State v. Schrum

Annotate this Case

226 Kan. 125 (1979)

595 P.2d 1127

STATE OF KANSAS, Appellee, v. ALBERT WILLIAM SCHRUM, Appellant.

No. 50,346

Supreme Court of Kansas.

Opinion filed June 9, 1979.

Steven R. Becker, of Hutchinson, argued the cause and was on the brief for the appellant.

Timothy J. Chambers, assistant county attorney, argued the cause, and Robert T. Stephan, attorney general, and Joseph P. O'Sullivan, county attorney, were with him on the brief for the appellee.

The opinion of the court was delivered by

McFARLAND, J.:

This is an appeal by Albert William Schrum from his jury trial conviction of the crime of aggravated robbery (K.S.A. 21-3427).

The sole issue on appeal is whether defendant was denied his right to effective assistance of counsel. Specifically, defendant contends his trial counsel's failure to file a notice of alibi pursuant to K.S.A. 1978 Supp. 22-3218 constitutes "wholly inadequate and ineffective" representation.

The alibi question first came before the trial court on the State's motion in limine to suppress alibi evidence by anyone other than defendant. The motion was made after the jury had been sworn, but prior to the prosecution's opening statement. The motion was occasioned by a remark made several months earlier by the trial counsel to the prosecutor to the effect he might use alibi evidence in the trial. The motion was sustained.

*126 The alibi issue did not arise again in the trial except during the testimony of defense witness Pedro Garcia. The State had, during its case in chief, introduced evidence that defendant had a substantial amount of cash shortly after the robbery, had changed his physical appearance, and had left town shortly after the crime. Garcia testified in the following areas: (1) defendant's physical appearance at pertinent times; (2) an explanation for defendant's departure from town; (3) impeachment of a State's witness; and (4) defendant's lack of money the day after the robbery. The witness was asked whether he was with defendant on the day of the crime and the witness responded that they were together between 6 and 10 o'clock (a.m. or p.m. not specified). The crime occurred at approximately 8:00 p.m. The State objected as this testimony was in contravention of the alibi ruling. The objection was sustained and the jury was admonished to disregard that particular question and answer. Defendant's trial counsel made a proffer that he wished to have the witness testify that defendant had won a substantial sum of money from the witness while they were playing pool the pool game occurring while the crime was in progress elsewhere. This testimony would have served two purposes, alibi and an explanation of the large sum of money the State's witnesses had seen in defendant's possession the day after the crime. Defense counsel was particularly anxious to get the testimony in concerning the pool game winnings and tried to separate this, on proffer, from the alibi purpose of the testimony. The trial court sustained the objection on the basis of its prior alibi ruling. The witness, who on proffer was to testify that defendant had a substantial amount of cash on the evening of the crime, ultimately testified that defendant was in dire financial straits the day after the crime. Defendant testified as to the pool winnings, as well as to the time and location of the game.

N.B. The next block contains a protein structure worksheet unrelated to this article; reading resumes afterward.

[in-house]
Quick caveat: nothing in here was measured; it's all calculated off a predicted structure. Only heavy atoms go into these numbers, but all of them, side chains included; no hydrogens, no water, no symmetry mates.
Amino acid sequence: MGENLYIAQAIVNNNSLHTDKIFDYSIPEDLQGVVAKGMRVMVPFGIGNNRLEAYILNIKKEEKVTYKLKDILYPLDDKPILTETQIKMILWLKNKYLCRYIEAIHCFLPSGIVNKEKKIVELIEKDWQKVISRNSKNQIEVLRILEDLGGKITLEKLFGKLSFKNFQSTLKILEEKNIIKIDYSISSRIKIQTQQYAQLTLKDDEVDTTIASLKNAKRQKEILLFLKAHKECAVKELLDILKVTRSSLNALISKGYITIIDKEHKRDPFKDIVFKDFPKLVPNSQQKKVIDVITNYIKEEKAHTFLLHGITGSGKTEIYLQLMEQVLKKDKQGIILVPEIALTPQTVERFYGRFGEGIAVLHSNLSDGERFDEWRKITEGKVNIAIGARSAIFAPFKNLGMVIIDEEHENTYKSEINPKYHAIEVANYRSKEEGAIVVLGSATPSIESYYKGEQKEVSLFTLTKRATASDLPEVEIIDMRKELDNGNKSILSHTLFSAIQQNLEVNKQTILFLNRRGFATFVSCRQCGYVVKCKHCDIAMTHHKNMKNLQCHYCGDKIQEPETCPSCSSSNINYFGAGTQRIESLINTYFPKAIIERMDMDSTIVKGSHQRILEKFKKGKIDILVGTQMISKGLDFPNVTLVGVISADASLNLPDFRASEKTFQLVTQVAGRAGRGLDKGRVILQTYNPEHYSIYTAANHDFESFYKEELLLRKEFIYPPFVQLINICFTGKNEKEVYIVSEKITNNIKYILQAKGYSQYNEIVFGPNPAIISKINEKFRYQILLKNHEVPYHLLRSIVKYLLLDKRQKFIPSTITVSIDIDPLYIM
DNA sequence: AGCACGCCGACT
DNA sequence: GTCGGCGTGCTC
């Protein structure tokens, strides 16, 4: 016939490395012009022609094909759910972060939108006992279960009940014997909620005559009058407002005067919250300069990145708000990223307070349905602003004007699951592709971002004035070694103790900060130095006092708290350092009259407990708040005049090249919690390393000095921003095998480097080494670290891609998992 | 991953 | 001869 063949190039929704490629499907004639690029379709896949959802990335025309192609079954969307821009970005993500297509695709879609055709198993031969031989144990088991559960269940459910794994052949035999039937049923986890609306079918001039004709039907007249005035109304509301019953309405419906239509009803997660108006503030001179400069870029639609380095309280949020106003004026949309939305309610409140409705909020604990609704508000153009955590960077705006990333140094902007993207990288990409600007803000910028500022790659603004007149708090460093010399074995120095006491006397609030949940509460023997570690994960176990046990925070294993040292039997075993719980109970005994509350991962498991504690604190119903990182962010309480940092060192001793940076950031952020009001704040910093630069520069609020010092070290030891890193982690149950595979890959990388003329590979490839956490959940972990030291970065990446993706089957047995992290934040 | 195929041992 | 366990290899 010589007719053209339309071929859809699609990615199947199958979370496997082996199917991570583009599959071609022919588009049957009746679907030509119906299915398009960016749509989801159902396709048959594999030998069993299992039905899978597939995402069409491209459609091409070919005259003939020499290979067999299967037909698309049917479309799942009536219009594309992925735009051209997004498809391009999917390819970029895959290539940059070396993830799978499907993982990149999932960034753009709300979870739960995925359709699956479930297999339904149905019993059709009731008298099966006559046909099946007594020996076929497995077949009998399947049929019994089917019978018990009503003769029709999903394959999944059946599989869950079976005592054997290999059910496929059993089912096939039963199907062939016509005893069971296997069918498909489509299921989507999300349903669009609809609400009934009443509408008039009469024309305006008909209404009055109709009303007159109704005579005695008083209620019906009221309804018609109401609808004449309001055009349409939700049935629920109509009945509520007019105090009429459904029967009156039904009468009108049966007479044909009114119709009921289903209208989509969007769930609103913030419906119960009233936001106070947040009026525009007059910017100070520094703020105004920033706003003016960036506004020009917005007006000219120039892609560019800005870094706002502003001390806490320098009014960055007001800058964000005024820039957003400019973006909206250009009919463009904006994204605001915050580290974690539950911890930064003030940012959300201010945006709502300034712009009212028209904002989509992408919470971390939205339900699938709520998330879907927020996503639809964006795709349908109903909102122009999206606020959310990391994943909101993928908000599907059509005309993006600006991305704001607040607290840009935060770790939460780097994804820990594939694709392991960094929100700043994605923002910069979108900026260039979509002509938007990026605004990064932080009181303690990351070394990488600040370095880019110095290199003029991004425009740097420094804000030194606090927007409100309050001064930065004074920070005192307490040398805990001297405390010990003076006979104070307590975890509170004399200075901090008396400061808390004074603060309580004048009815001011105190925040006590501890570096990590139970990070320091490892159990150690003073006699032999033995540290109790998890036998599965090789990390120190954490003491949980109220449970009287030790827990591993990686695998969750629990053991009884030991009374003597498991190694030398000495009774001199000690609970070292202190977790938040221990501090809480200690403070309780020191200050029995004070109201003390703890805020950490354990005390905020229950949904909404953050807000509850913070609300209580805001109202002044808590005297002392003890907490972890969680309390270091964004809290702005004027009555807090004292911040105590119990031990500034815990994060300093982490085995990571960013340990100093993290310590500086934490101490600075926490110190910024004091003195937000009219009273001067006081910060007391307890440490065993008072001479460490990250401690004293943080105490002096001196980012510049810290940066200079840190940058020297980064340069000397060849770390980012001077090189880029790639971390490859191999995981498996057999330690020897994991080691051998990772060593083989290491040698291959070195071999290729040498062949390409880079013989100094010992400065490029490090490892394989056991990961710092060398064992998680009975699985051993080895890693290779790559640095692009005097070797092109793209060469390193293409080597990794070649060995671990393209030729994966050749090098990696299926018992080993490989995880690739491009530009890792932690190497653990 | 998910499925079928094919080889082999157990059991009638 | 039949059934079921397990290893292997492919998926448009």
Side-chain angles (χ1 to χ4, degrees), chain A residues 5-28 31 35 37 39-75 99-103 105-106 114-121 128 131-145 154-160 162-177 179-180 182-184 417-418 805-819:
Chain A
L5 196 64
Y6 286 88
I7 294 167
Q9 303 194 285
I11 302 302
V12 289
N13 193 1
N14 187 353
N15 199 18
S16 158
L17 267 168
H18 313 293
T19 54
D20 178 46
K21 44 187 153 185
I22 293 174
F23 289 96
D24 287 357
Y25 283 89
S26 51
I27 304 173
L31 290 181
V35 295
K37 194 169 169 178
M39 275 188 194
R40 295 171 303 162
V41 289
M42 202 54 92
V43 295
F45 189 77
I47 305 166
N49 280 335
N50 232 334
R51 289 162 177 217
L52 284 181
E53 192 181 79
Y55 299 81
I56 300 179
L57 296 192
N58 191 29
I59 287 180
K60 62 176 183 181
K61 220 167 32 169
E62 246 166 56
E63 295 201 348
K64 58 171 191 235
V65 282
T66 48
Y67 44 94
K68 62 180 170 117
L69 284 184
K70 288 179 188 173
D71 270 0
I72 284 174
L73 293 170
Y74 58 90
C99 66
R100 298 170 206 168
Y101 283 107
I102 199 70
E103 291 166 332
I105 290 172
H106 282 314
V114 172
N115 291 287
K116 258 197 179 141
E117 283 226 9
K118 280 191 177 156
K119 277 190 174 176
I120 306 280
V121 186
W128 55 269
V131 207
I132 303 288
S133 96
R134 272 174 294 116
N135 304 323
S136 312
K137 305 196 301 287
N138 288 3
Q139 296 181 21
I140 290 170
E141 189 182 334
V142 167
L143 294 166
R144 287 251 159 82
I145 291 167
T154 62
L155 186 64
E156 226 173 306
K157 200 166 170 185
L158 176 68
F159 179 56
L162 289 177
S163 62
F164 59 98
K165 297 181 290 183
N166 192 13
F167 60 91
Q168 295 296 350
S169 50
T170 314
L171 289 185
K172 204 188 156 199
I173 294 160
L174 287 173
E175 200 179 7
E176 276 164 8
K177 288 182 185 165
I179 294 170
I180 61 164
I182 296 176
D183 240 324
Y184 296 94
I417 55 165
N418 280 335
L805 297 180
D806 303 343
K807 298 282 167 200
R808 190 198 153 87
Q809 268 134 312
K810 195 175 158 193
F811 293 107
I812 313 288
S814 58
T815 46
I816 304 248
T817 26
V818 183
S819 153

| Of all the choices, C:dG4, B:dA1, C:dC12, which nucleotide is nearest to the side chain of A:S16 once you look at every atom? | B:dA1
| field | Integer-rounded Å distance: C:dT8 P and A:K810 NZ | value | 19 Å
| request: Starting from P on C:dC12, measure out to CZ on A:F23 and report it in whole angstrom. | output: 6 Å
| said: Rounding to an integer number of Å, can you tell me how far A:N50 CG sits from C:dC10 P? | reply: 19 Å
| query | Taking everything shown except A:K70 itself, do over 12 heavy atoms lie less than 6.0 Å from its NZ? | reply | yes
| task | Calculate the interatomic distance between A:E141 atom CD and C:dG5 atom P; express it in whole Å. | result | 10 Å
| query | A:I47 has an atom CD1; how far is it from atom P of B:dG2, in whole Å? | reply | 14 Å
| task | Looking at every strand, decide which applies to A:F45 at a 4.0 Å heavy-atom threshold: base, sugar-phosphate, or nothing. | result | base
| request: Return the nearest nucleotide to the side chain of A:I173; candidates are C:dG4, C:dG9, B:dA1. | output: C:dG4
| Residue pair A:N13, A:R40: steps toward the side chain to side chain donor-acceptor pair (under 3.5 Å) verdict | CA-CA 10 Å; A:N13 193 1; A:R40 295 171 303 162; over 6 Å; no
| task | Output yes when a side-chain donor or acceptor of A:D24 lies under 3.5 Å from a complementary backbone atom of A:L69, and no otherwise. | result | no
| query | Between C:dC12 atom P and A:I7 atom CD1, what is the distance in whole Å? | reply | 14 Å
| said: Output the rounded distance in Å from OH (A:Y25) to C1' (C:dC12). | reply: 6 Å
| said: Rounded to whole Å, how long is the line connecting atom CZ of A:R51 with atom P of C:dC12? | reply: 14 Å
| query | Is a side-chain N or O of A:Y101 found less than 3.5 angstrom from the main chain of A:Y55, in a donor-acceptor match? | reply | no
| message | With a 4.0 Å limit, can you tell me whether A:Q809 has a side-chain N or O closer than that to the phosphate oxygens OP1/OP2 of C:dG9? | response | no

Before proceeding further it should be emphasized that the propriety of any of the trial court's rulings is not an issue before us. The sole question on appellate review is the effectiveness of defense counsel.

A good summary of the law on effective representation of counsel in Kansas is found in Schoonover v. State, 2 Kan. App.2d 481, 582 P.2d 292, rev. denied 224 Kan. clxxxviii (1978), as follows:

"The right to effective assistance of counsel presupposes that counsel will be *127 competent and capable of conducting a genuine defense on behalf of the accused. While the law does not guarantee the assistance of the most brilliant and experienced counsel, it does require honest, loyal, genuine and faithful representation on the part of counsel, be he retained or appointed." "Conduct of defense counsel which is so dishonest, incompetent or inadequate as to amount in practical effect to no counsel at all clearly violates a defendant's Sixth Amendment right to counsel. However, conduct which amounts to a substantial deviation from that expected of a reasonably competent lawyer in the community, such that no lawyer of average ability would engage in it, and which causes the client's conviction or otherwise works to the client's substantial disadvantage, is also a deprivation of the constitutional guarantee of `effective' counsel." "In applying the foregoing standard to counsel's performance, the effective assistance of counsel cannot be equated with the successful assistance of counsel. The adequacy of an attorney's services on behalf of an accused must be gauged by the totality of his representation, not by fragmentary segments analyzed in isolated cells." Syl. ΒΆΒΆ 2-4.

Identity was the issue in the trial. The State presented a strong case with two eyewitnesses who positively identified defendant as the perpetrator of the crime. Defense counsel conducted vigorous cross-examinations of the State's witnesses as is conceded by defendant. Seven witnesses were called by defense counsel. We have carefully reviewed the record, have applied the rules set forth in Schoonover, and find the totality of defense counsel's representation was adequate and there was no denial of the right to effective assistance of counsel.

The judgment is affirmed.